Friday, April 17, 2015

Lab Meeting on Quantitative Genetics

This week in lab meeting we will have a discussion on quantitative genetics. Anna Nordén will present some preliminary results from her PhD work in the hermaphroditic worm, Macrostomum lignano. She is conducting a quantitative genetics study in which she investigated the heritability of fitness through female and male sex roles. Additionally, I suggest that we discuss the following paper that attempts to synthesize quantitative genetic studies with studies of DNA sequence variability in Drosophila.

Hope to see you there! I'll bring fika.

Figure from Bank et al. 2014: Two hypothetical Distributions of fitness effects (DFE) of all possible new mutations.

Causes of natural variation in fitness: Evidence from studies of Drosophila populations

Brian Charlesworth

    DNA sequencing has revealed high levels of variability within most species. Statistical methods based on population genetics theory have been applied to the resulting data and suggest that most mutations affecting functionally important sequences are deleterious but subject to very weak selection. Quantitative genetic studies have provided information on the extent of genetic variation within populations in traits related to fitness and the rate at which variability in these traits arises by mutation. This paper attempts to combine the available information from applications of the two approaches to populations of the fruitfly Drosophila in order to estimate some important parameters of genetic variation, using a simple population genetics model of mutational effects on fitness components. Analyses based on this model suggest the existence of a class of mutations with much larger fitness effects than those inferred from sequence variability and that contribute most of the standing variation in fitness within a population caused by the input of mildly deleterious mutations. However, deleterious mutations explain only part of this standing variation, and other processes such as balancing selection appear to make a large contribution to genetic variation in fitness components in Drosophila.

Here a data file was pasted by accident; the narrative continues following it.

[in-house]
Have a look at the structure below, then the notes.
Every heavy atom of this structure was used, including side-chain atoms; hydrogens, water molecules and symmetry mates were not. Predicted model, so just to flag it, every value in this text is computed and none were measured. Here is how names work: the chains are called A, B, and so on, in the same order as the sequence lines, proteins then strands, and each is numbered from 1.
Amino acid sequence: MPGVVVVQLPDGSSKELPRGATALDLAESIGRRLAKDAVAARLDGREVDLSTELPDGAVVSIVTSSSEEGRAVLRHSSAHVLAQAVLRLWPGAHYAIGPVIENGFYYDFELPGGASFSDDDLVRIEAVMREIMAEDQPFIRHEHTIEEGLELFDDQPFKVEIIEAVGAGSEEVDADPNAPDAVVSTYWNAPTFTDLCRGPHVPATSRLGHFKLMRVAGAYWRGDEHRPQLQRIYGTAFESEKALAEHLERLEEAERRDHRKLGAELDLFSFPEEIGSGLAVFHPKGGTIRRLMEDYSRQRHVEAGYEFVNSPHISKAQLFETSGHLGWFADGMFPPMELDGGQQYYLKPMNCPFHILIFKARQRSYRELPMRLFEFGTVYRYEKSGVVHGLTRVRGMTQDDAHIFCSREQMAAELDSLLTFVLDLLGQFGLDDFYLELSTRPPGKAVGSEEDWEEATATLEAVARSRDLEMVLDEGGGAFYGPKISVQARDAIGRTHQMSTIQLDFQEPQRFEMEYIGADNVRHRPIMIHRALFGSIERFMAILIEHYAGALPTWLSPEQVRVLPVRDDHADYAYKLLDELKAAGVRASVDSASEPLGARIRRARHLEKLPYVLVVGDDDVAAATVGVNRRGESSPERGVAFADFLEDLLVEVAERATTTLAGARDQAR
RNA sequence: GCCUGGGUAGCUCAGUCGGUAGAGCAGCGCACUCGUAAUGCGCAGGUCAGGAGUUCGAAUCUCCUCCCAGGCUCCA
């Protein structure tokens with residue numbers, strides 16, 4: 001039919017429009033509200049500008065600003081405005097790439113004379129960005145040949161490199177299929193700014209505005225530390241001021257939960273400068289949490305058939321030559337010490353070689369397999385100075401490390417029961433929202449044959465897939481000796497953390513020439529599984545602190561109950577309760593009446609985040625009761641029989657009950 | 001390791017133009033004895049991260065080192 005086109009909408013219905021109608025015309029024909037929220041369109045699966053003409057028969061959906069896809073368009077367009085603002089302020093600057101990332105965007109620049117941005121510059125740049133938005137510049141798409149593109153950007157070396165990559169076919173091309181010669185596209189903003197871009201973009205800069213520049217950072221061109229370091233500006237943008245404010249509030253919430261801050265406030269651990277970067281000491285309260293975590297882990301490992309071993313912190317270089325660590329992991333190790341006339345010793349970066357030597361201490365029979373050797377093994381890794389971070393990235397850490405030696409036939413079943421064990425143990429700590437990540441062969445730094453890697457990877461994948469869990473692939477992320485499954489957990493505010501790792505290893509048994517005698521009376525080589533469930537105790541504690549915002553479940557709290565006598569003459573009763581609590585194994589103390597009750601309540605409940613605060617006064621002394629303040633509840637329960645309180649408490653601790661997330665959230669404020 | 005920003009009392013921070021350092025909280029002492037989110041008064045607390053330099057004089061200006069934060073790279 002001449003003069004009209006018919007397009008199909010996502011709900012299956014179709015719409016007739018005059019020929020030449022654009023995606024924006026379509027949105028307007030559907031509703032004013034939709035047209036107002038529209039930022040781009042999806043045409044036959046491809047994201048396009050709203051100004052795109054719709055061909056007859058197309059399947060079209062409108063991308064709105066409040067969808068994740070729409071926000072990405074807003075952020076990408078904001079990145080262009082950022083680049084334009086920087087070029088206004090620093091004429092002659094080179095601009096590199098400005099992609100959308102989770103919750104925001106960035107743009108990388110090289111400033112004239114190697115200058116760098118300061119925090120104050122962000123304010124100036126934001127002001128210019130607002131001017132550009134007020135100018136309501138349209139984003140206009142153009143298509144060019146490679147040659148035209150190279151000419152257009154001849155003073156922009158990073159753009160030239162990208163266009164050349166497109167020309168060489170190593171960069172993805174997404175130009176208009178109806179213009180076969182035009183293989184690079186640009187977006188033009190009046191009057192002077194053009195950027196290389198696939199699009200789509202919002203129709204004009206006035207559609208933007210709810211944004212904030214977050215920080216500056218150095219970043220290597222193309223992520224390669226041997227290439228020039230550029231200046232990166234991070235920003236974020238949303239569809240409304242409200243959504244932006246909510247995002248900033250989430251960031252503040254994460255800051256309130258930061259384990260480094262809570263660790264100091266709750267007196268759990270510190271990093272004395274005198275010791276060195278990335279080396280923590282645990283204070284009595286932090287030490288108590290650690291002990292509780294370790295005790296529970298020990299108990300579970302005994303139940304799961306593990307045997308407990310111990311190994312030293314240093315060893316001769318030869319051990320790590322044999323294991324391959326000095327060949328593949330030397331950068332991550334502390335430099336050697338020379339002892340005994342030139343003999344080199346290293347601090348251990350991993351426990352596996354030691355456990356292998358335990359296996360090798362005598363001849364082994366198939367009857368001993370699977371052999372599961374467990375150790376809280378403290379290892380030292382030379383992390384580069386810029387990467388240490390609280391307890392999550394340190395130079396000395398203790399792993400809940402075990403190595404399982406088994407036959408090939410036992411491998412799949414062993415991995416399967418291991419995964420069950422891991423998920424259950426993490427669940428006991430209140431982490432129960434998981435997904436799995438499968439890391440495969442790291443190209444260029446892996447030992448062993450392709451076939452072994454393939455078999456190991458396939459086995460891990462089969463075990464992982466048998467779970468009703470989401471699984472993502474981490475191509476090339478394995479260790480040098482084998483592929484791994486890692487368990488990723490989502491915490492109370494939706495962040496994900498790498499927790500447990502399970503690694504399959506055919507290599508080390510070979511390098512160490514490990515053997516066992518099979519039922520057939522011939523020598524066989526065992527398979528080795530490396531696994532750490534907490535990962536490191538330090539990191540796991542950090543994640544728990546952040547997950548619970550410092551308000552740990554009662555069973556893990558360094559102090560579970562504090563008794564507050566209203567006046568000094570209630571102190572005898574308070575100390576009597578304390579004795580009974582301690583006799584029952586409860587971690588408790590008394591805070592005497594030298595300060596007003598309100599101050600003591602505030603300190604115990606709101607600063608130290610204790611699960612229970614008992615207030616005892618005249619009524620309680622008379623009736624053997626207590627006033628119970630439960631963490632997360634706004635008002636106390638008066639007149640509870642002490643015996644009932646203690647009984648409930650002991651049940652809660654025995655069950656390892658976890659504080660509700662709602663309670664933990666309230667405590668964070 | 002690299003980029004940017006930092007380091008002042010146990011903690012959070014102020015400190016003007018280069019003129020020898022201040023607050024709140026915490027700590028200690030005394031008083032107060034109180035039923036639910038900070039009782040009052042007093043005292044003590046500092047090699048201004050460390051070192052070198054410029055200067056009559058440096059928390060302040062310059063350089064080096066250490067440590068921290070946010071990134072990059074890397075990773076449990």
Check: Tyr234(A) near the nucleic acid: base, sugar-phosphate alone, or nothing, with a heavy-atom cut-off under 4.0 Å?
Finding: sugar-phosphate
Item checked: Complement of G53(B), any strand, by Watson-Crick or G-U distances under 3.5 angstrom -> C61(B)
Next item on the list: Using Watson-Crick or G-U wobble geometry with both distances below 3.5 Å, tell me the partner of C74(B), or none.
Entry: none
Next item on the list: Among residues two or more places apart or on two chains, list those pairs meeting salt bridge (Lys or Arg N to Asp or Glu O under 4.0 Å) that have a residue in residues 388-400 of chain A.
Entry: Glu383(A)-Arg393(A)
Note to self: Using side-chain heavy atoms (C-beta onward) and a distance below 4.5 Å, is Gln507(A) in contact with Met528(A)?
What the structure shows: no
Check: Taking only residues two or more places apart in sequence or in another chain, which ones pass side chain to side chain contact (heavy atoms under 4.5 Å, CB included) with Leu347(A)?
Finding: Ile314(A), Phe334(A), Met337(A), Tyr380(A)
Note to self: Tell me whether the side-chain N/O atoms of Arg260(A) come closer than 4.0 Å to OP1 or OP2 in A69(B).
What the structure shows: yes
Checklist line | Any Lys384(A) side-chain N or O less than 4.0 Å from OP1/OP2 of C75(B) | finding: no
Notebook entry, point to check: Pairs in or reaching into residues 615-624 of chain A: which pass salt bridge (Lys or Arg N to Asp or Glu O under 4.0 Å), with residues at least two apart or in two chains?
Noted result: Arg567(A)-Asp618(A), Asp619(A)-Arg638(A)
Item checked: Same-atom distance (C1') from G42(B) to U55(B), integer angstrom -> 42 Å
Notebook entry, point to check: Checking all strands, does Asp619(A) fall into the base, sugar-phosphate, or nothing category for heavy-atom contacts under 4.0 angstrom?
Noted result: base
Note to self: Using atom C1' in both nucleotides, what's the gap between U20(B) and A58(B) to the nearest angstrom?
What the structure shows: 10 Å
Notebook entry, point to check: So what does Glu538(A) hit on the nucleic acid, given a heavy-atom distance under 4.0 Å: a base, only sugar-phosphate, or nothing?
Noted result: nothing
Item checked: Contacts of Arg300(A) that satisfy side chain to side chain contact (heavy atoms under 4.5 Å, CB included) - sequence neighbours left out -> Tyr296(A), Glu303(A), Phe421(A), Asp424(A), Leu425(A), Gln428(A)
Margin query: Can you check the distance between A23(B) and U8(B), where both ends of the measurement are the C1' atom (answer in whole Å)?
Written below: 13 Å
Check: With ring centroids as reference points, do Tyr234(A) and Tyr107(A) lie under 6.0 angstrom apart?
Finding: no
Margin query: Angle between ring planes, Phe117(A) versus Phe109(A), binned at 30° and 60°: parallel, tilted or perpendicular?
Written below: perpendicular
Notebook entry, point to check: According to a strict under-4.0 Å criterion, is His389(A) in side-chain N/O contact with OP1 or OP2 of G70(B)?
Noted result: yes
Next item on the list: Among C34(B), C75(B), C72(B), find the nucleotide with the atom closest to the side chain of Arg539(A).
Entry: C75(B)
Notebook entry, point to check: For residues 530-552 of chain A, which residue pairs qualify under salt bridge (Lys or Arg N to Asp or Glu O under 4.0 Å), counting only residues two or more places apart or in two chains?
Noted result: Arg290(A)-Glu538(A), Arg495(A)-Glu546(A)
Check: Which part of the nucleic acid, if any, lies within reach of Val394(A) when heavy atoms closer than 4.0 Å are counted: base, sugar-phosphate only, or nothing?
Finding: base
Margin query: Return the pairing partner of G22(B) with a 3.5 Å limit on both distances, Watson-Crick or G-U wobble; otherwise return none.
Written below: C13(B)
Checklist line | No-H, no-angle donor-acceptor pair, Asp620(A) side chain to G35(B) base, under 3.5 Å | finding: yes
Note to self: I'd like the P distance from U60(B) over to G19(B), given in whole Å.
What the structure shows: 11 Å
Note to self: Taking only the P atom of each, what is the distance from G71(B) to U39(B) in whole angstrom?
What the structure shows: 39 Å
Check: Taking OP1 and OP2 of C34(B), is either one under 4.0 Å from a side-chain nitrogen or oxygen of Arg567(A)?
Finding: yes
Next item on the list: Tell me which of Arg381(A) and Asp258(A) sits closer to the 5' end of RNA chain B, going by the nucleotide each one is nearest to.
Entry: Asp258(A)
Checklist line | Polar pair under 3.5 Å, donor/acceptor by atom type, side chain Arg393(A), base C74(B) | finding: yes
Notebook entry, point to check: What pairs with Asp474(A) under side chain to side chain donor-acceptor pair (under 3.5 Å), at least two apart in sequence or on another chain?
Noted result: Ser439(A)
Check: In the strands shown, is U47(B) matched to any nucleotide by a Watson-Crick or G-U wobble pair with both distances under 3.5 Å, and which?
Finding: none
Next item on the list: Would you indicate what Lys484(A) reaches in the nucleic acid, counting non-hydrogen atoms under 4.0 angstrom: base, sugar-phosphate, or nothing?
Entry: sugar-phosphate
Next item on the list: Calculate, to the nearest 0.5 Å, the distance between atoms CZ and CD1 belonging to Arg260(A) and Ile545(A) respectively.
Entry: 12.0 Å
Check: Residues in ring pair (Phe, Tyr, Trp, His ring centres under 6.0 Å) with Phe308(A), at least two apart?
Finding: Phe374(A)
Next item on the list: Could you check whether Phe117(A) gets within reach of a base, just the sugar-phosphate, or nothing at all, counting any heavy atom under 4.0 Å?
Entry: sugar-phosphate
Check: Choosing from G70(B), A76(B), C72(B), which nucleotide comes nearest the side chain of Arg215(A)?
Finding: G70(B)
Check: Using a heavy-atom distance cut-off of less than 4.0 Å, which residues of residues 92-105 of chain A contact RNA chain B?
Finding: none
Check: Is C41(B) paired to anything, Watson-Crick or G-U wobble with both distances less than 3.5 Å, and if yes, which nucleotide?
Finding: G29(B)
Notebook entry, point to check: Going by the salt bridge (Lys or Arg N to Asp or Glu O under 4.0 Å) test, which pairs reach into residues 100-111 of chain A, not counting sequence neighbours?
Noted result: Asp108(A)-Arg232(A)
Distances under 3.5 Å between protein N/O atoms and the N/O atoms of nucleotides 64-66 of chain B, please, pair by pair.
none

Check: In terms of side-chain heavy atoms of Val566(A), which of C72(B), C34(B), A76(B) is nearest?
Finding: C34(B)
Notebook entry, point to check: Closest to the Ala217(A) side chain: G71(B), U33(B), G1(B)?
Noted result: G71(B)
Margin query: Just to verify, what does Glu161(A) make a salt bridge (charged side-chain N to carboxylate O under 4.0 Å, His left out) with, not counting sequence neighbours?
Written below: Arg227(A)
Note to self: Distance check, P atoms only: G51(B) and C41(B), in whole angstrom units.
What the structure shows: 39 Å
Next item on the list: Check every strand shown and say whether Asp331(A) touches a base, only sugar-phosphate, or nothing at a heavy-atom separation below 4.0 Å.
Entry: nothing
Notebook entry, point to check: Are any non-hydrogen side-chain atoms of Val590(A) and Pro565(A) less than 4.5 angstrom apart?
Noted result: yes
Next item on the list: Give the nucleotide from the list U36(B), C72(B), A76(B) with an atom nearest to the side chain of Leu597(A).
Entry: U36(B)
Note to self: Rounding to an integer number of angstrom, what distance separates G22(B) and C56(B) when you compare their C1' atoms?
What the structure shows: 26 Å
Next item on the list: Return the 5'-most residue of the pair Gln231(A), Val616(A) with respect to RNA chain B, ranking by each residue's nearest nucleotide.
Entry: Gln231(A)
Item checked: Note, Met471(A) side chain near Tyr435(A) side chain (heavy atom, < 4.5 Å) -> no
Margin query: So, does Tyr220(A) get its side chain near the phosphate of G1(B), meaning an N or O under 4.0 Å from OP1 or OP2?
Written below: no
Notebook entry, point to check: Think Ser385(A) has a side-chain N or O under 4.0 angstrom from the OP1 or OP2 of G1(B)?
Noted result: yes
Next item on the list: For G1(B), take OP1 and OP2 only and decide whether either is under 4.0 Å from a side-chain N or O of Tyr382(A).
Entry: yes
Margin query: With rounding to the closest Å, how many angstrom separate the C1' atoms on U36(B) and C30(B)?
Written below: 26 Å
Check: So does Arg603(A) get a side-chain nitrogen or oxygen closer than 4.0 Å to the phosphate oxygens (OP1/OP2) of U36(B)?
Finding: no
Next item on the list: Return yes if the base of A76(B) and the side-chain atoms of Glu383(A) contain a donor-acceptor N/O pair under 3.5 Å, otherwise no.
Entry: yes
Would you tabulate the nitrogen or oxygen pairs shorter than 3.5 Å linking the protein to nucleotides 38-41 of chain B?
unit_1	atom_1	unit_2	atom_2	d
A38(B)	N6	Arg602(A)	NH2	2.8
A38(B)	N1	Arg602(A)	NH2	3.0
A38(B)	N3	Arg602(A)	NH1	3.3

Friday, April 10, 2015

      Natural selection on thermal performance in a novel thermal environment

      Next lab meeting paper will be:

      Natural selection on thermal performance in a novel thermal environment

      Michael L. Logana,1, Robert M. Coxb, and Ryan Calsbeeka
      Tropical ectotherms are thought to be especially vulnerable to climate change because they are adapted to relatively stable temperature regimes, such that even small increases in environmental temperature may lead to large decreases in physiological performance. One way in which tropical organisms may mitigate the detrimental effects of warming is through evolutionary change in thermal physiology. The speed and magnitude of this response depend, in part, on the strength of climate-driven selection. However, many ectotherms use behavioral adjustments to maintain preferred body temperatures in the face of environmental variation. These behaviors may shelter individuals from natural selection, preventing evolutionary adaptation to changing conditions. Here, we mimic the effects of climate change by experimentally transplanting a population of Anolis sagrei lizards to a novel thermal environment. Transplanted lizards experienced warmer and more thermally variable conditions, which resulted in strong directional selection on thermal performance traits. These same traits were not under selection in a reference population studied in a less thermally stressful environment. Our results indicate that climate change can exert strong natural selection on tropical ectotherms, despite their ability to thermoregulate behaviorally. To the extent that thermal performance traits are heritable, populations may be capable of rapid adaptation to anthropogenic warming.